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Obviously just the opposite holds when the ratio of lead-206 to lead-207 is too small.
Hence someone who supposes that concordant ages are inflated must believe that the contaminating lead contained just the right proportion of the two isotopes.
As Dalrymple (1994) points out, available techniques give us more than the accuracy we need. How can we figure out the amount of the daughter element originally present?
The answer is that in many cases (if we choose the right element for the right rock) we have excellent reasons for believing that D and they have to rule out the possibility that additional quantities of the daughter element have been added since the time the rock was formed.
(Actually, the computation of the age would be affected if some of the daughter element originally present had been lost.
However, since we are primarily concerned with the Creationist challenge, the main worry will concern subsequent additions.
If a radioactive isotope (the parent element) was originally present in a rock at the time of its formation, then that isotope would give rise, by radioactive decay, to decay products (daughter elements). Then, by the assumption that parent and daughter atoms neither entered nor exited, we know that the extra daughter atoms that are now present must come from decay of the parent.
The many independent computations of the age of the earth during the last three decades almost invariably yield a figure between 4.2 and 4.8 billion years. As will become clear shortly, the status of the third is a little different.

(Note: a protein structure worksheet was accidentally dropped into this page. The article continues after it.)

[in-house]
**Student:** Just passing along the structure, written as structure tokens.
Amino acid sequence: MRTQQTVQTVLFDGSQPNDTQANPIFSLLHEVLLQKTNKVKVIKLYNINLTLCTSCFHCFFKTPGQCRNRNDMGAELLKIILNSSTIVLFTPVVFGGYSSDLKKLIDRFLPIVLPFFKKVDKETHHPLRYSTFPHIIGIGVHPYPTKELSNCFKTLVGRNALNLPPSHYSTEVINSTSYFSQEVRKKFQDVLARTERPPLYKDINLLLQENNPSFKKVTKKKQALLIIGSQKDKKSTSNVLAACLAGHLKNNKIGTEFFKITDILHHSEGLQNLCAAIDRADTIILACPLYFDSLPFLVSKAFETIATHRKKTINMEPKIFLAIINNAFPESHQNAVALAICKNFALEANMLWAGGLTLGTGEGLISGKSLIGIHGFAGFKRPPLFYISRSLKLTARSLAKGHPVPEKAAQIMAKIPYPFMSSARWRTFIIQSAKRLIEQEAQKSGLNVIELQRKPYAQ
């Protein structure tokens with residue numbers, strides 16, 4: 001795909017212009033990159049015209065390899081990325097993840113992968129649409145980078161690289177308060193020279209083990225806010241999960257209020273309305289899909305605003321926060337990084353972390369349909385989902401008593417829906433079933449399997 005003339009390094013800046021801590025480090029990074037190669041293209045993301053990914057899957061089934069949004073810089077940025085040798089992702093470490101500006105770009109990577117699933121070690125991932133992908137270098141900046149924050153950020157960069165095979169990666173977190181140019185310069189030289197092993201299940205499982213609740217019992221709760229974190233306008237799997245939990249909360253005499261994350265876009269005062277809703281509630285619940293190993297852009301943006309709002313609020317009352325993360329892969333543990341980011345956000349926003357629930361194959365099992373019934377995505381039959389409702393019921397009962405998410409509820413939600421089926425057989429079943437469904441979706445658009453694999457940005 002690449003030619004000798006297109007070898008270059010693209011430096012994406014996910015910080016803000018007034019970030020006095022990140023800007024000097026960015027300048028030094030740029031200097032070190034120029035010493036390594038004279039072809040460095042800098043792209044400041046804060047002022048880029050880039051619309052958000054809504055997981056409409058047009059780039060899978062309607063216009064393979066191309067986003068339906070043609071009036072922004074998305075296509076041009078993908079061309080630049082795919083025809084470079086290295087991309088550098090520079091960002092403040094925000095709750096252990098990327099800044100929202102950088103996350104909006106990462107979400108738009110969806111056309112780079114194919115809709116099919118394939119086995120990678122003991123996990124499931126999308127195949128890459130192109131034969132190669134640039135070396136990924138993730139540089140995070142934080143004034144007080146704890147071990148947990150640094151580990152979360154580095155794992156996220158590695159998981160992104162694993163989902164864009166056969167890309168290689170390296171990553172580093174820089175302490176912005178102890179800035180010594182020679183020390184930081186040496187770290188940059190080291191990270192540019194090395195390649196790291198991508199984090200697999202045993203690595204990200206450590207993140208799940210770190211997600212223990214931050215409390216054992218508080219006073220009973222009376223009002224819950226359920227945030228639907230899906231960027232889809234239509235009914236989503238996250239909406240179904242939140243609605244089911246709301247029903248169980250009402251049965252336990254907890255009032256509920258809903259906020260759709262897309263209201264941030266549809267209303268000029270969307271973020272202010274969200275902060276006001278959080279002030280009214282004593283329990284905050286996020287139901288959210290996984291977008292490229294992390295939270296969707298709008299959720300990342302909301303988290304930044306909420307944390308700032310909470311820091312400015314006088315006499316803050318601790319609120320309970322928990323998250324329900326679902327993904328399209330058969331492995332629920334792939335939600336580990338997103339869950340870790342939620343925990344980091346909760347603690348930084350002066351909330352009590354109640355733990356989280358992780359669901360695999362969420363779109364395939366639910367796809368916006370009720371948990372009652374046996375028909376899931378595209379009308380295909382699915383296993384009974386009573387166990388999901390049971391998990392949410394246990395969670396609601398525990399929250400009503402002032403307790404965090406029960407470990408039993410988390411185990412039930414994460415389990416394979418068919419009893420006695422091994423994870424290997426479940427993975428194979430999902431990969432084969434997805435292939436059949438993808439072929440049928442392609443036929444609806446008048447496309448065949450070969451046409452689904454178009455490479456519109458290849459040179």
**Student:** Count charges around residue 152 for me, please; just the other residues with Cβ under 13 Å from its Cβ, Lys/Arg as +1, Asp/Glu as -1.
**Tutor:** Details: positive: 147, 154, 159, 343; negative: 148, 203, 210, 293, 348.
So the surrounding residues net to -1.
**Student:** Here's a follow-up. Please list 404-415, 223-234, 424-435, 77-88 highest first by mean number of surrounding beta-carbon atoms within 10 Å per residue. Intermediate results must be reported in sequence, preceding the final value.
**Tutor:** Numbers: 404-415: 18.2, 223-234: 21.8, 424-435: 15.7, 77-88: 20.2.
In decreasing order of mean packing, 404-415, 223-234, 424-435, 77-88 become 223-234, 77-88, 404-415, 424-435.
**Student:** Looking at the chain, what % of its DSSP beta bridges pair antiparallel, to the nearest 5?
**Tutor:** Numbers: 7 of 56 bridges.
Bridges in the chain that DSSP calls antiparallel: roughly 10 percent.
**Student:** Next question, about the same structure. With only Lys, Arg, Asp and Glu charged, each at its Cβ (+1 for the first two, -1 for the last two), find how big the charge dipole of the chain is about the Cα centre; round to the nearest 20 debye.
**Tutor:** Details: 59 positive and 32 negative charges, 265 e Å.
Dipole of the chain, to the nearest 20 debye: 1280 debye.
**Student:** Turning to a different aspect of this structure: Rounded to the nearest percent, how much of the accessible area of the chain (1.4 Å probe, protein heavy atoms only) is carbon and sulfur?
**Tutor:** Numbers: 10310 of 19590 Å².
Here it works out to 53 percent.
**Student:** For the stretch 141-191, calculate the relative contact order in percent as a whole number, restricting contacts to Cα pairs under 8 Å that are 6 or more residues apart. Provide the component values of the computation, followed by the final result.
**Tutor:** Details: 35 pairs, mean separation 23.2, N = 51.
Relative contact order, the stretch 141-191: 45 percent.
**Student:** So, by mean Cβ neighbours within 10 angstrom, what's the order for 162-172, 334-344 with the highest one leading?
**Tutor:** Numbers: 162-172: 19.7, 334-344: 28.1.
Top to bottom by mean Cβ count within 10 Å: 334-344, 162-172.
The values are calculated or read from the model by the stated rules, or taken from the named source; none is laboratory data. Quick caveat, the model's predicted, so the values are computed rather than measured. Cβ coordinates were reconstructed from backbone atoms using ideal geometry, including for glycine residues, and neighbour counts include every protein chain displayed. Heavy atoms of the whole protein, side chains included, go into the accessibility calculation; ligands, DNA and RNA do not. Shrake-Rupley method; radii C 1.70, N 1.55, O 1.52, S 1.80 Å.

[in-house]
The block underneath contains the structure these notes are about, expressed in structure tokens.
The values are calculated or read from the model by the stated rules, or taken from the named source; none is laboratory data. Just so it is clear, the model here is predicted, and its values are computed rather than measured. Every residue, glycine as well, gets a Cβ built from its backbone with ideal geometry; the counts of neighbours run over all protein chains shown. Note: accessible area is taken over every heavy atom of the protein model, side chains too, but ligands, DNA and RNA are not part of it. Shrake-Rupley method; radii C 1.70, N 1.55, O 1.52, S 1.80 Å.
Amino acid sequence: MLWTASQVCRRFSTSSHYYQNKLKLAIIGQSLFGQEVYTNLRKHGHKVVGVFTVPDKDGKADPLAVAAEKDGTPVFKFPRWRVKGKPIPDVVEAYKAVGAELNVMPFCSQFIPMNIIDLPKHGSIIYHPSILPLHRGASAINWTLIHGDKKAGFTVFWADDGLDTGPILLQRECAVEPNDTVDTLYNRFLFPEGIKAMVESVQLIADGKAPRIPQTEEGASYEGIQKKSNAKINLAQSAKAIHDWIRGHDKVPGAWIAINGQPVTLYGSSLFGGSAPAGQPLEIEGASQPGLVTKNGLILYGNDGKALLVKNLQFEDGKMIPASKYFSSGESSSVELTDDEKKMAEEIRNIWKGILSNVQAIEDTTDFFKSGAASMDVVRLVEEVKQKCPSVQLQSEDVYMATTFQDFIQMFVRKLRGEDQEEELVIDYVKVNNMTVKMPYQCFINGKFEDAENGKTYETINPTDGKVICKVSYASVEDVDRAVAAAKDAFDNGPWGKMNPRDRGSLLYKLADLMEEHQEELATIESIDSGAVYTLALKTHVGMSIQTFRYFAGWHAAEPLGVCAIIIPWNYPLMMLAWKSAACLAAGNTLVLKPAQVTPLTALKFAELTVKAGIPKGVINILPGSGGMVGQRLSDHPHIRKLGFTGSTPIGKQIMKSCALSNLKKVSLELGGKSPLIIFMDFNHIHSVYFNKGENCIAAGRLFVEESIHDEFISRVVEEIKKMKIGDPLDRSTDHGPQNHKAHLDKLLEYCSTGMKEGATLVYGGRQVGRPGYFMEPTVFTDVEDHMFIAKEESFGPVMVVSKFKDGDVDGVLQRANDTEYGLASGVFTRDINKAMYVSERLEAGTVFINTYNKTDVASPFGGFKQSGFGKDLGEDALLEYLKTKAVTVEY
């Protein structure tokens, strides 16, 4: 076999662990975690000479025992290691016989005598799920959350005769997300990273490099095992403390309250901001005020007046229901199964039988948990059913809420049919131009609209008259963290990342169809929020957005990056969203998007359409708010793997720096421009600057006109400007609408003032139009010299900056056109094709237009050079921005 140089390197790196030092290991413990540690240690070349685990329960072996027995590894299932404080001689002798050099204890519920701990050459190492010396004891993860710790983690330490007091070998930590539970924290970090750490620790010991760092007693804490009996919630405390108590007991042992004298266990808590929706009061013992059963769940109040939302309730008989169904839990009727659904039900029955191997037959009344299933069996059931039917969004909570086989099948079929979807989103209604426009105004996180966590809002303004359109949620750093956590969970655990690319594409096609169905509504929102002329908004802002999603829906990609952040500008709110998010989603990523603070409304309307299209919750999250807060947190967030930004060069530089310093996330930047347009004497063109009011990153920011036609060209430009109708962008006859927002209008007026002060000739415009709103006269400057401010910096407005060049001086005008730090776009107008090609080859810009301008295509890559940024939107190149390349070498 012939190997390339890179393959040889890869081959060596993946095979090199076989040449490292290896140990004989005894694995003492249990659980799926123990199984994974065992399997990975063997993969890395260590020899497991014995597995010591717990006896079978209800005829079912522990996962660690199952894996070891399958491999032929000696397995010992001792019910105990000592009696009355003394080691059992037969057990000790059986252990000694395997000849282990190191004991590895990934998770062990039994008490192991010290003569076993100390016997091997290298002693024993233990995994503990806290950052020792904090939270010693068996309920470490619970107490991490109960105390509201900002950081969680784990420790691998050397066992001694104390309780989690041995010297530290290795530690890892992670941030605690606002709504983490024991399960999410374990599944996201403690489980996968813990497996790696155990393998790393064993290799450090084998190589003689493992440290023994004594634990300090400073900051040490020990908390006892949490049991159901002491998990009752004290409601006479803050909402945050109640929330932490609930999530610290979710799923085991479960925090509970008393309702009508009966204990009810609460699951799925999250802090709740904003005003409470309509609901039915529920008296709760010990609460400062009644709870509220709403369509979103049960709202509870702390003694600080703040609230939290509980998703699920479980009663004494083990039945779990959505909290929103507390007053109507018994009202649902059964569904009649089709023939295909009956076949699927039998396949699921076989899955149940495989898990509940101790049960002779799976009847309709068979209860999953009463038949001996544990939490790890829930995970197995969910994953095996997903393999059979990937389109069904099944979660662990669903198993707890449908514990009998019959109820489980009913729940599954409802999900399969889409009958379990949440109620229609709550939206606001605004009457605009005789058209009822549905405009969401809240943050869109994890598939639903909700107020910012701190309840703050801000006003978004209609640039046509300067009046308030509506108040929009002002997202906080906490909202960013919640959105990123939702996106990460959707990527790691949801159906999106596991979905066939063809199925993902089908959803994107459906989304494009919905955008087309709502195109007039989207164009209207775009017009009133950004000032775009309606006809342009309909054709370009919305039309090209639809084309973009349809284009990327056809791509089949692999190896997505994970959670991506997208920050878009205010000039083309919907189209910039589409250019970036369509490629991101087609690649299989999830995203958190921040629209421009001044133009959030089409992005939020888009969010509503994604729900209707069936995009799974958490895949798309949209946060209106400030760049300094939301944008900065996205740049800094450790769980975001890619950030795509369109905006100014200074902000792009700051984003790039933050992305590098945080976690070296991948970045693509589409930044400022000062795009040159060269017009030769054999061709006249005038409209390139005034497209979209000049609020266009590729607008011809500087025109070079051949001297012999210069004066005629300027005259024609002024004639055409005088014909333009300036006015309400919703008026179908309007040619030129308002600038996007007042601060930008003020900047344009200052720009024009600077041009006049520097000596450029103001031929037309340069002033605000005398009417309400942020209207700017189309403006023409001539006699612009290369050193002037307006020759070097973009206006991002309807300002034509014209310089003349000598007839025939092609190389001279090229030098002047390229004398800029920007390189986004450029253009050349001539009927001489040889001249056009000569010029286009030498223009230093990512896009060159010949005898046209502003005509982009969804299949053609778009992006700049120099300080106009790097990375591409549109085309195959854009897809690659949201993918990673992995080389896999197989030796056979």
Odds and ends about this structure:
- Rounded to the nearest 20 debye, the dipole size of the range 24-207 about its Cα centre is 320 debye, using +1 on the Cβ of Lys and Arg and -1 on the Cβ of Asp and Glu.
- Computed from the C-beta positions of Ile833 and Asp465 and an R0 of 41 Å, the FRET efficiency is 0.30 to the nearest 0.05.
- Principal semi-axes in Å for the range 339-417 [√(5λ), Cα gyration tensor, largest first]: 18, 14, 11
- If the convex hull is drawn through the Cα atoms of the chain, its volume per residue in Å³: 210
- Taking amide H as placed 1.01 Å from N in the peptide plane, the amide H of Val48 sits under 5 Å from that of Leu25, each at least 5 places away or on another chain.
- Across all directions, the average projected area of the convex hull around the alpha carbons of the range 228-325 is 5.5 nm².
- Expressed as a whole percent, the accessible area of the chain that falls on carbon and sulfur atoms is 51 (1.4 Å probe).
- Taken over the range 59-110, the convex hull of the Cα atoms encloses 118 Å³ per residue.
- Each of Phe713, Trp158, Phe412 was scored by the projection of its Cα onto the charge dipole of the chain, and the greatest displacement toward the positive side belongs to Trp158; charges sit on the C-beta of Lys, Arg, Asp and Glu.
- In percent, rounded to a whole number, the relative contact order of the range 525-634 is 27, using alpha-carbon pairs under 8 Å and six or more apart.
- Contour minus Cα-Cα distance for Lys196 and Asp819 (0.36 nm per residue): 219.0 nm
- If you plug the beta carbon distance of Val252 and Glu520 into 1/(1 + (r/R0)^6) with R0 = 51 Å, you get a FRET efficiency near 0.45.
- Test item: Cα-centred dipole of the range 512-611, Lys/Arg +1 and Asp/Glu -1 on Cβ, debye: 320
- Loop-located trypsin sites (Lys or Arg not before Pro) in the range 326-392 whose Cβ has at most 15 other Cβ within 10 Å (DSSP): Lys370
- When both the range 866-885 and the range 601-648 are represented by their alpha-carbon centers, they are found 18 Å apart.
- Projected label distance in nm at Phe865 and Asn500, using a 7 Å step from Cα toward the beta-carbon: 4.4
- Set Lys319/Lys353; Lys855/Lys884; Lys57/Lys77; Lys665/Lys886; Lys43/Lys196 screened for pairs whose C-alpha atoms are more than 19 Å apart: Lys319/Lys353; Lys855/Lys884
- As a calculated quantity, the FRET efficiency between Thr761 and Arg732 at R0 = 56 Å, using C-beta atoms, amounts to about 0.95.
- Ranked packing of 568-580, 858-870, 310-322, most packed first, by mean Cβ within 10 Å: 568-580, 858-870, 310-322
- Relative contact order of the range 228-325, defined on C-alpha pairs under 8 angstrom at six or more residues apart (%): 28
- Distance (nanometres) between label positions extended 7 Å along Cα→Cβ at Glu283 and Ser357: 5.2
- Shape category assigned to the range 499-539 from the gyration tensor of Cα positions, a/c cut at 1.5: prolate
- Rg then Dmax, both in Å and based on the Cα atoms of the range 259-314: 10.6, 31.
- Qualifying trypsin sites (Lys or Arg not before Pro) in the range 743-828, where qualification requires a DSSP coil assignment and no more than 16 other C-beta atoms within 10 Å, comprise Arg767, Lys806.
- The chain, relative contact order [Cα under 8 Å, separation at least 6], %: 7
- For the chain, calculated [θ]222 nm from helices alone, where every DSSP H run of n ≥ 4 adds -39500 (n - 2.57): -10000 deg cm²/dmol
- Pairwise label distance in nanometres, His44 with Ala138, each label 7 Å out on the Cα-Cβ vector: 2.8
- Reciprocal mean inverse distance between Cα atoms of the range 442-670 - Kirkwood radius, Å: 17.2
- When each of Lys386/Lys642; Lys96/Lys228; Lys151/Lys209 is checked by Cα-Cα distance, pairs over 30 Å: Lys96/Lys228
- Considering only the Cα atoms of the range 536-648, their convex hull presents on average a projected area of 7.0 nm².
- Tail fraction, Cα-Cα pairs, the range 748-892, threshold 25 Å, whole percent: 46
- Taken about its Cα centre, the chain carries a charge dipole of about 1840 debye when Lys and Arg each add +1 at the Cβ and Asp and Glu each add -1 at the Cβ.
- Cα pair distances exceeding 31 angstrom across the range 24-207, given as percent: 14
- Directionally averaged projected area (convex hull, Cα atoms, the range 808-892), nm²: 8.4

Here it is possible to use two decay processes, the decay of uranium-238 into lead-206 and the decay of uranium-235 into lead-207.
Furthermore, the amount of lead originally present can be computed by considering another isotope of lead.
However, I hope that it will help to quell anxieties when I point out that a large number of independent methods have been applied to a vast array of different rocks.
The result of this enormous array of tests is a consensus. The process rate must always have been the same" (Morris 1974a, 138).
A second, independent, astronomical method is to use standard techniques to measure some parameters of stars (mass, luminosity, compositor, and surface temperature), from which a well-confirmed theory of the life histories of stars enables physicists to compute their. Finally, considerations of radioactive decay make it possible to calculate the time at which certain heavy elements were formed.